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Kobe Bryant on his two-year contract extension: ‘This wasn’t a negotiation’

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Kobe Bryant signed a two-year contract extension with the Lakers on Monday, a deal worth $48.5 million that will leave L.A. enough cap space next season to pursue a max contract level player in free agency — but just barely.

The reaction to the news from Lakers fans and outside observers alike was mostly similar, and followed a consistent theme: This was too much money to assign to Bryant for the next two years, especially with the fact that the team is far from a championship level contender as currently constructed.

Bryant should have taken less money, so the popular opinion goes, in order to leave some for those who might come to the team in free agency next summer.

The reality, however, is that the high profile free agents-to-be aren’t all that likely to change teams, whether the money is there in Los Angeles or it isn’t. The franchise decided instead to lock up the city’s most iconic sports figure for two more seasons, at an above-market price.

From Adrian Wojnarowski of Yahoo Sports:

“This was easy,” Bryant told Yahoo Sports on Monday night. “This wasn’t a negotiation. The Lakers made their offer with cap and building a great team in mind while still taking care of me as a player.

“I simply agreed to the offer.”

Until the hours before the Lakers’ meeting with the Washington Wizards on Tuesday, that’s all Bryant would say about the contract extension. He is 35 years old, working his way back from a torn Achilles and the Buss family is still betting Bryant is the best free-agent star available on the market, betting that Bryant can still drive ticket sales and TV ratings and make these Lakers relevant again.

This was a business decision for the Lakers even more than it was a basketball one.

The team’s consecutive sellout streak that lasted more than seven years came to an end a couple of weeks ago, and the fact that Bryant wasn’t in uniform when it happened is anything but a coincidence.

The Lakers are a franchise built around winning of course, but are even more about doing so with some of the game’s biggest stars wearing the purple and gold. Bryant not only drives ticket sales, he is also the face of the team’s most recent string of championships.

Locking him up for two years at any price was the right thing to do from a business standpoint, but more importantly to those questioning the amount of the contract and where it puts the team in terms of its salary cap situation moving forward, Bryant’s comments here show that he wasn’t the one pushing for a big-money deal — rather, it was the Lakers coming to the table with a more than acceptable offer for one of the game’s all-time greats.

Stephen Curry caps Warriors’ 50-point quarter with incredible buzzer-beating 3 (video)

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Why was Stephen Curry messing around with all that dribbling? Did he realize how little time was left?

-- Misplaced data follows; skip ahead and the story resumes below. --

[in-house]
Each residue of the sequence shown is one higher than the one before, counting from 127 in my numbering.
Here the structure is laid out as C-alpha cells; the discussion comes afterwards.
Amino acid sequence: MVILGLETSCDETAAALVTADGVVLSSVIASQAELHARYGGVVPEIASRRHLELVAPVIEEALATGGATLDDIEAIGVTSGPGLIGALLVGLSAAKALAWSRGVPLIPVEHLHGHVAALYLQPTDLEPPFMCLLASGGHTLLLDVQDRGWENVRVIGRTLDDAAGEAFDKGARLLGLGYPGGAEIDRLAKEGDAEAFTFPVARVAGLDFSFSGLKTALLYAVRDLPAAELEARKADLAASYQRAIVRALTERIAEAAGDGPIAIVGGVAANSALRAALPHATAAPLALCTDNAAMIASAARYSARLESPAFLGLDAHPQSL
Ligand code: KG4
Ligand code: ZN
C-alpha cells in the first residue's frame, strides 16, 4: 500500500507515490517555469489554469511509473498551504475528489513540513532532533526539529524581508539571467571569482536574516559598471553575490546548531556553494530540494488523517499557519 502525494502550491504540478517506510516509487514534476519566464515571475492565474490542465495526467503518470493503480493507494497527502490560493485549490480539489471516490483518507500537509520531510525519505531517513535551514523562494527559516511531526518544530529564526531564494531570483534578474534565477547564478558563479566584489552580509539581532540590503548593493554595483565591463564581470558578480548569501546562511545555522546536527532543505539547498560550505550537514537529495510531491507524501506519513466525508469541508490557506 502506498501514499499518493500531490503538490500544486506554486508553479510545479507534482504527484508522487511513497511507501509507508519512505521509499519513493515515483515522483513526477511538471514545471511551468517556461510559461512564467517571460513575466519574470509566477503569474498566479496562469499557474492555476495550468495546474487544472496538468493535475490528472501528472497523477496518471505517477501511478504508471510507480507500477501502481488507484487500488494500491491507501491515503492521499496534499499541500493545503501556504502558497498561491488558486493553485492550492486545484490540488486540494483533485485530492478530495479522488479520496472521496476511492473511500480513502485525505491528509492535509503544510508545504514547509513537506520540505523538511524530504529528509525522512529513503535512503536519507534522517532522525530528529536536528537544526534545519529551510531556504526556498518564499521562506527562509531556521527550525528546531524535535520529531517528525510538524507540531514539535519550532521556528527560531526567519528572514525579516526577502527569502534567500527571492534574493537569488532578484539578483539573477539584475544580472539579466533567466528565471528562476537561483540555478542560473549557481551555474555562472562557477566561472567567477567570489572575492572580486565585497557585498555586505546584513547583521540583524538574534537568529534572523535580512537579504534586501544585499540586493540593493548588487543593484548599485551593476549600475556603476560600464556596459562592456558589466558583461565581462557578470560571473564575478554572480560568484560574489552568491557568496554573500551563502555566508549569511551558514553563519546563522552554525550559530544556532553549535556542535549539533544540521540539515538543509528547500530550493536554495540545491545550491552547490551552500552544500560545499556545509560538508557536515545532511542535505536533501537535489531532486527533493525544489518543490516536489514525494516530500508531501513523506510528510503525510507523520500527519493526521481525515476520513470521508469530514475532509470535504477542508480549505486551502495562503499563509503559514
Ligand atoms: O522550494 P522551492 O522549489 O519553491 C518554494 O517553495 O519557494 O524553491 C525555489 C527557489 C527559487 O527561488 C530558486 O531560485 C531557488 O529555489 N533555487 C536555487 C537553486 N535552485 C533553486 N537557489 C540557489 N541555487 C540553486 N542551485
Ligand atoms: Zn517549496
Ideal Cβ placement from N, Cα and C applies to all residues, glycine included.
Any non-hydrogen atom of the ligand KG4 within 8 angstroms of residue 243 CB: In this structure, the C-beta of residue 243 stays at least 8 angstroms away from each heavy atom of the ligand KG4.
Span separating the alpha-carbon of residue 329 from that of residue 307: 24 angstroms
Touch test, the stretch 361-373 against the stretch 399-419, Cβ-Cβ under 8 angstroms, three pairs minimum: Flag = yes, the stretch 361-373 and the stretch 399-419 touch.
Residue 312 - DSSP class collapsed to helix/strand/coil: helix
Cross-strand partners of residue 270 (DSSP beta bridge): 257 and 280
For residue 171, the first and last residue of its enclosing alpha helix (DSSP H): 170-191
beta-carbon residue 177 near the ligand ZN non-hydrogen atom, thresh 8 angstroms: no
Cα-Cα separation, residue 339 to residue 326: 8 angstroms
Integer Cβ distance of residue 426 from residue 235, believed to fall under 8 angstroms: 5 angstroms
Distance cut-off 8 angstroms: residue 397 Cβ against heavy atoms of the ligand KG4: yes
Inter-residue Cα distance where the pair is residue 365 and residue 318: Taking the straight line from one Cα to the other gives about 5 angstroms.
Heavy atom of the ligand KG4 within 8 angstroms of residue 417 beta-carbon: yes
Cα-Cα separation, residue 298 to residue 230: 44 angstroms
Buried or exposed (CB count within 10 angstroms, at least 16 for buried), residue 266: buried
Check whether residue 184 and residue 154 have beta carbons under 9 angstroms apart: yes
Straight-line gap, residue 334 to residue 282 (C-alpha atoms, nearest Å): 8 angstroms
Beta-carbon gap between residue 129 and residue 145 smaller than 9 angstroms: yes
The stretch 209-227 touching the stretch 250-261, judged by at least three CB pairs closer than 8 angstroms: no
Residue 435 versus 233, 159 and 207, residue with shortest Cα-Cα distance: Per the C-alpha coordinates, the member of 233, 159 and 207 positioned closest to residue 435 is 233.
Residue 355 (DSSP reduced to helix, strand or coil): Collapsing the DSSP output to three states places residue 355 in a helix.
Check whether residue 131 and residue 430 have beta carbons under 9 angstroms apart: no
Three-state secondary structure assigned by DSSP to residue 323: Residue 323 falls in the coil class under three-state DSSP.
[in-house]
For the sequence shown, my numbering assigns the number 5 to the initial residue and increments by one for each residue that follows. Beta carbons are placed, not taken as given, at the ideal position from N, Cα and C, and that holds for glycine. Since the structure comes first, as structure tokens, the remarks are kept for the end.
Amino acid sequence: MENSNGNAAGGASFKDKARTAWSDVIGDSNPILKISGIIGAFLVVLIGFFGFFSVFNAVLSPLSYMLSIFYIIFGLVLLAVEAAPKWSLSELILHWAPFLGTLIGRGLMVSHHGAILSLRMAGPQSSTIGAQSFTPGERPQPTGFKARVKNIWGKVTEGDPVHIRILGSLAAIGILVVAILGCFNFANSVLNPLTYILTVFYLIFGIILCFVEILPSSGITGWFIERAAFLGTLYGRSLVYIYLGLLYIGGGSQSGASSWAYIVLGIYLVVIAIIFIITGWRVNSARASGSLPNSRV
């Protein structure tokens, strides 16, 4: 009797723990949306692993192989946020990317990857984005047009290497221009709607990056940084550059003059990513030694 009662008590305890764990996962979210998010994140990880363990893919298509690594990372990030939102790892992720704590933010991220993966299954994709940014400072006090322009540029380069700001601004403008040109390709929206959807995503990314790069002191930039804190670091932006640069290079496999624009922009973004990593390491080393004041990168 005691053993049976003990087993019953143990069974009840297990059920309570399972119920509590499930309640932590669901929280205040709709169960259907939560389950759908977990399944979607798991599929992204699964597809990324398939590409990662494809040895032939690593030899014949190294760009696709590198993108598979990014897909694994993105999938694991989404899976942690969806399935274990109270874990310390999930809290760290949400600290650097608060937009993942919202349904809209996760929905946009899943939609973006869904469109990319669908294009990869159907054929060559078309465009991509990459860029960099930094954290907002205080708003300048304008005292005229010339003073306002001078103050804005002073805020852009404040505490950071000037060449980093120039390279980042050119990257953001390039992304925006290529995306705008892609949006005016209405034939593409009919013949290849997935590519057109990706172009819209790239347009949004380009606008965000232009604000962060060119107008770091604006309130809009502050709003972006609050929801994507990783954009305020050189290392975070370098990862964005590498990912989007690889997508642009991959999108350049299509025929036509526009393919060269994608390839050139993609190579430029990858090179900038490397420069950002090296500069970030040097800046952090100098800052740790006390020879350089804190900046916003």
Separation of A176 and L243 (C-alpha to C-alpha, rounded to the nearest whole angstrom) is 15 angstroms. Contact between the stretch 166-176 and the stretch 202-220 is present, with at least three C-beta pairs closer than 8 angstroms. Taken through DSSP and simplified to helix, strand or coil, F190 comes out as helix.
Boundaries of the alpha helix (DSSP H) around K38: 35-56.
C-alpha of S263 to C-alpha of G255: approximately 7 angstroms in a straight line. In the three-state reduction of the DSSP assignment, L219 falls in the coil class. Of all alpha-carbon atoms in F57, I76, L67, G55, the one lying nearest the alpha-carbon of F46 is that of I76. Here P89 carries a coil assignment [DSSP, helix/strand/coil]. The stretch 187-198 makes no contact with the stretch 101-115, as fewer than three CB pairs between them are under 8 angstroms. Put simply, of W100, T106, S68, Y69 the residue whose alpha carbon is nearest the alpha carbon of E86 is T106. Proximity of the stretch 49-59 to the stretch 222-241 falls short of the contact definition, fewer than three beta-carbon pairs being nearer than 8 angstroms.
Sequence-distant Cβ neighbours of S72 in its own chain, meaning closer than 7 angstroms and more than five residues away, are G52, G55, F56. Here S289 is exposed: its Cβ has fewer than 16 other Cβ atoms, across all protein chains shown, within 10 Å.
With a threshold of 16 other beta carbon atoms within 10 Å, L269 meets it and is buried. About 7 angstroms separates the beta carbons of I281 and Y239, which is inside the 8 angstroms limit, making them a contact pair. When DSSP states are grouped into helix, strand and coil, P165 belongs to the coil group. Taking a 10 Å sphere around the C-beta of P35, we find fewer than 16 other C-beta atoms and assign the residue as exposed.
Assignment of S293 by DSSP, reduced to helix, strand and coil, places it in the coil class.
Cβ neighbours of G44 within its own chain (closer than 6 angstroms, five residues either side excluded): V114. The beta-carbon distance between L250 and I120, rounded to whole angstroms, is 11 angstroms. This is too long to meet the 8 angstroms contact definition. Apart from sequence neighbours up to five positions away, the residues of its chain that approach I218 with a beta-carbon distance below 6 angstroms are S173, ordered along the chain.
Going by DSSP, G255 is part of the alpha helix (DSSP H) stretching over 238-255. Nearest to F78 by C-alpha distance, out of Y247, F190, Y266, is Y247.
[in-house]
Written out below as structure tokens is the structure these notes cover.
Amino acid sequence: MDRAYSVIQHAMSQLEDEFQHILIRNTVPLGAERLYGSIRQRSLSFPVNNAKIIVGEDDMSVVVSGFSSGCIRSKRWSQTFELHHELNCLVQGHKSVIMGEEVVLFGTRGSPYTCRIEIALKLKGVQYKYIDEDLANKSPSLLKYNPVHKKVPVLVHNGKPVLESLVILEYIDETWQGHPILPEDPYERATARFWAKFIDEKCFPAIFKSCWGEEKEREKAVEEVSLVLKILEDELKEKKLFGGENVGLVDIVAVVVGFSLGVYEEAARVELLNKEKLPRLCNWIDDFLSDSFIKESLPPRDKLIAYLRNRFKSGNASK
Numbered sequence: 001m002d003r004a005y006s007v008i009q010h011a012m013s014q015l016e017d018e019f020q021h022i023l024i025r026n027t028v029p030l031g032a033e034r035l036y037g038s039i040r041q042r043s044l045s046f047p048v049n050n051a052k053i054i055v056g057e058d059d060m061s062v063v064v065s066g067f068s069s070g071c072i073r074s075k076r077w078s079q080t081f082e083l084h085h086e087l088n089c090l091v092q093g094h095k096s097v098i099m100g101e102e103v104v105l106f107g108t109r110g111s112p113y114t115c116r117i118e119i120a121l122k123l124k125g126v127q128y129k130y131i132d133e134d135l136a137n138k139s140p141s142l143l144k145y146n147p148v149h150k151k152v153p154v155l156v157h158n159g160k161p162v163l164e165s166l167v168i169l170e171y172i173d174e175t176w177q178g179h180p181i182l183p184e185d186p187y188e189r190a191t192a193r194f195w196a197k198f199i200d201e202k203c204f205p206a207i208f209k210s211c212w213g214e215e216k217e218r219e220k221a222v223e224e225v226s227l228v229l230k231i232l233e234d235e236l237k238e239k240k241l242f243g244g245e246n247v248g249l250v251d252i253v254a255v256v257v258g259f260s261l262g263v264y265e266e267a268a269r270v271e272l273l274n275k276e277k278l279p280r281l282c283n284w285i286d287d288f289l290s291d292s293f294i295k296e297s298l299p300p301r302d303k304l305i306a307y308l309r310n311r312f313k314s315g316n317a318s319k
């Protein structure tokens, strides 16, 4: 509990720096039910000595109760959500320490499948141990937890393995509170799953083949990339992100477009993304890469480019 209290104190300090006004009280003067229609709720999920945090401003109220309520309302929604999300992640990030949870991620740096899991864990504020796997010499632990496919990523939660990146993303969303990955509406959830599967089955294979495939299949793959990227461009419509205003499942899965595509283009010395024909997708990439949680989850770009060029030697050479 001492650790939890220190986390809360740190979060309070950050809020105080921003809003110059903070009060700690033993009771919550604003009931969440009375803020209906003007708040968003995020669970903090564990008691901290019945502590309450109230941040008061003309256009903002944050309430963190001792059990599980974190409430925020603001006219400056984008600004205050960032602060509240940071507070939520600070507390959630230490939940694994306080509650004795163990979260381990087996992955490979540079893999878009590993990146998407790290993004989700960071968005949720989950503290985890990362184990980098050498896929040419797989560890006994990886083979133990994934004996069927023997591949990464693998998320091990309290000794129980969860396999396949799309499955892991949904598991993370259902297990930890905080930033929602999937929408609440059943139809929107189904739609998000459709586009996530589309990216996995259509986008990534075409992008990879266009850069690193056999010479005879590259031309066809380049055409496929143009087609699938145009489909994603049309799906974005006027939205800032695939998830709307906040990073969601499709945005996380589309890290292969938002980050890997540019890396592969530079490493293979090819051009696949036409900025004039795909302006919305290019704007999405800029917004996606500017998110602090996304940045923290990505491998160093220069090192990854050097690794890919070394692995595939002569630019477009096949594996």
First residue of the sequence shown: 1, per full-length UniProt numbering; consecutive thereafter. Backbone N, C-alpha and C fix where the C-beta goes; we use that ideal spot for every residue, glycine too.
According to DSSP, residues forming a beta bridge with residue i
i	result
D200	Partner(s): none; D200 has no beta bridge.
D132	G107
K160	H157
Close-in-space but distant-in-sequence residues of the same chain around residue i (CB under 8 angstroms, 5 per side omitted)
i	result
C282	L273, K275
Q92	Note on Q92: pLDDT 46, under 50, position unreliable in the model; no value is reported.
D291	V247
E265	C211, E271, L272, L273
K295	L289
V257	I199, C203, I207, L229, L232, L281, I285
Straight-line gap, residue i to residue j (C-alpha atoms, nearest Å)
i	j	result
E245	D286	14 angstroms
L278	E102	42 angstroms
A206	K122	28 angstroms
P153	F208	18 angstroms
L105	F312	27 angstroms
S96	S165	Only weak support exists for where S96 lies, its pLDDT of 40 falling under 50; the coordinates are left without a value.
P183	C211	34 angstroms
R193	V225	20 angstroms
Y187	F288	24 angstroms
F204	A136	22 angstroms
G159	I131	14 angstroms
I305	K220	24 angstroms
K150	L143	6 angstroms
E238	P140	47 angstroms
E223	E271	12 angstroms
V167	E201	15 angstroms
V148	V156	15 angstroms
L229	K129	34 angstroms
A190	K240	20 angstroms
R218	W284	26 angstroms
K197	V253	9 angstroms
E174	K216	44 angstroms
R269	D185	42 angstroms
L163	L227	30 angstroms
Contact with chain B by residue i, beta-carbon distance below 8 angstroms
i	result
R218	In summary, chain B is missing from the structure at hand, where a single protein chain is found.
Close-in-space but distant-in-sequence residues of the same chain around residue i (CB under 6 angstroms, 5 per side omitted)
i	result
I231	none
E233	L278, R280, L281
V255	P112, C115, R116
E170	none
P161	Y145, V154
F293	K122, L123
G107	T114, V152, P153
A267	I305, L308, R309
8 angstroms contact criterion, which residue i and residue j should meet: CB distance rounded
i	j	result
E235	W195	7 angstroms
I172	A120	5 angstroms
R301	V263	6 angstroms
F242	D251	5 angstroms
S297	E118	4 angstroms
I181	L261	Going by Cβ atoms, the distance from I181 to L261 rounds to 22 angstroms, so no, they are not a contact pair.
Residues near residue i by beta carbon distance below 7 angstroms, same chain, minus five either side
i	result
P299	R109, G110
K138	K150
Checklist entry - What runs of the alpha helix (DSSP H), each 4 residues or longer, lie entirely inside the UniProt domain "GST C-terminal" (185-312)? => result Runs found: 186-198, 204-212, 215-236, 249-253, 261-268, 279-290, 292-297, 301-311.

Oh, yeah.

Curry and the Warriors knew exactly what they were doing in the third quarter against the Clippers last night.

Curry’s 3-pointer capped a 50-point quarter — just the third 50-point quarter in the last 25 years. The 2010-11 Pacers scored 54 in a quarter against the Nuggets, and the 2013-14 Lakers (!) scored 51 in a quarter against the Knickers (oh).

Golden State trailed by 12 at halftime, but flipped that into a 12-point lead entering the third quarter. The Warriors didn’t look back in a 123-113 win, but we’ll look back and enjoy all that third-quarter shot-making:

Mike Malone on people in Sacramento that wanted him fired: “You were wrong”

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Mike Malone spoke to reporters before the Denver Nuggets took on the DeMarcus Cousins-less Sacramento Kings on Thursday, and was candid about his dismissal from Northern California.

Malone remarked that there were some within the Kings organization that thought his style of play and defensive nature as a coach was holding back the team.

Now the coach in Denver, Malone has the Nuggets 7th in pace and 6th in offensive efficiency. So perhaps it wasn’t all Malone’s fault?

Via Twitter:

I can’t remember all the things that were said when I was fired because there was so much being said. I know one of the things that was being said was style of play. There were people that were not in my corner that used that as a way to get me fired. Now we’re one of the highest-scoring teams in the NBA. I look at you people, you were wrong.

While Sacramento wasn’t good during Malone’s tenure, they were always in the top half of the league in terms of pace. There was and is a lot wrong with how the Kings are run, so certainly it can’t all be Malone’s doing.

In any case, it’s fun to see Malone being candid.

Draymond Green trash talks Paul Pierce for “farewell tour” with Clippers (VIDEO)

MIAMI, FL - JANUARY 23:  Draymond Green #23 of the Golden State Warriors looks on during a game against the Miami Heat at American Airlines Arena on January 23, 2017 in Miami, Florida. NOTE TO USER: User expressly acknowledges and agrees that, by downloading and or using this photograph, User is consenting to the terms and conditions of the Getty Images License Agreement.  (Photo by Mike Ehrmann/Getty Images)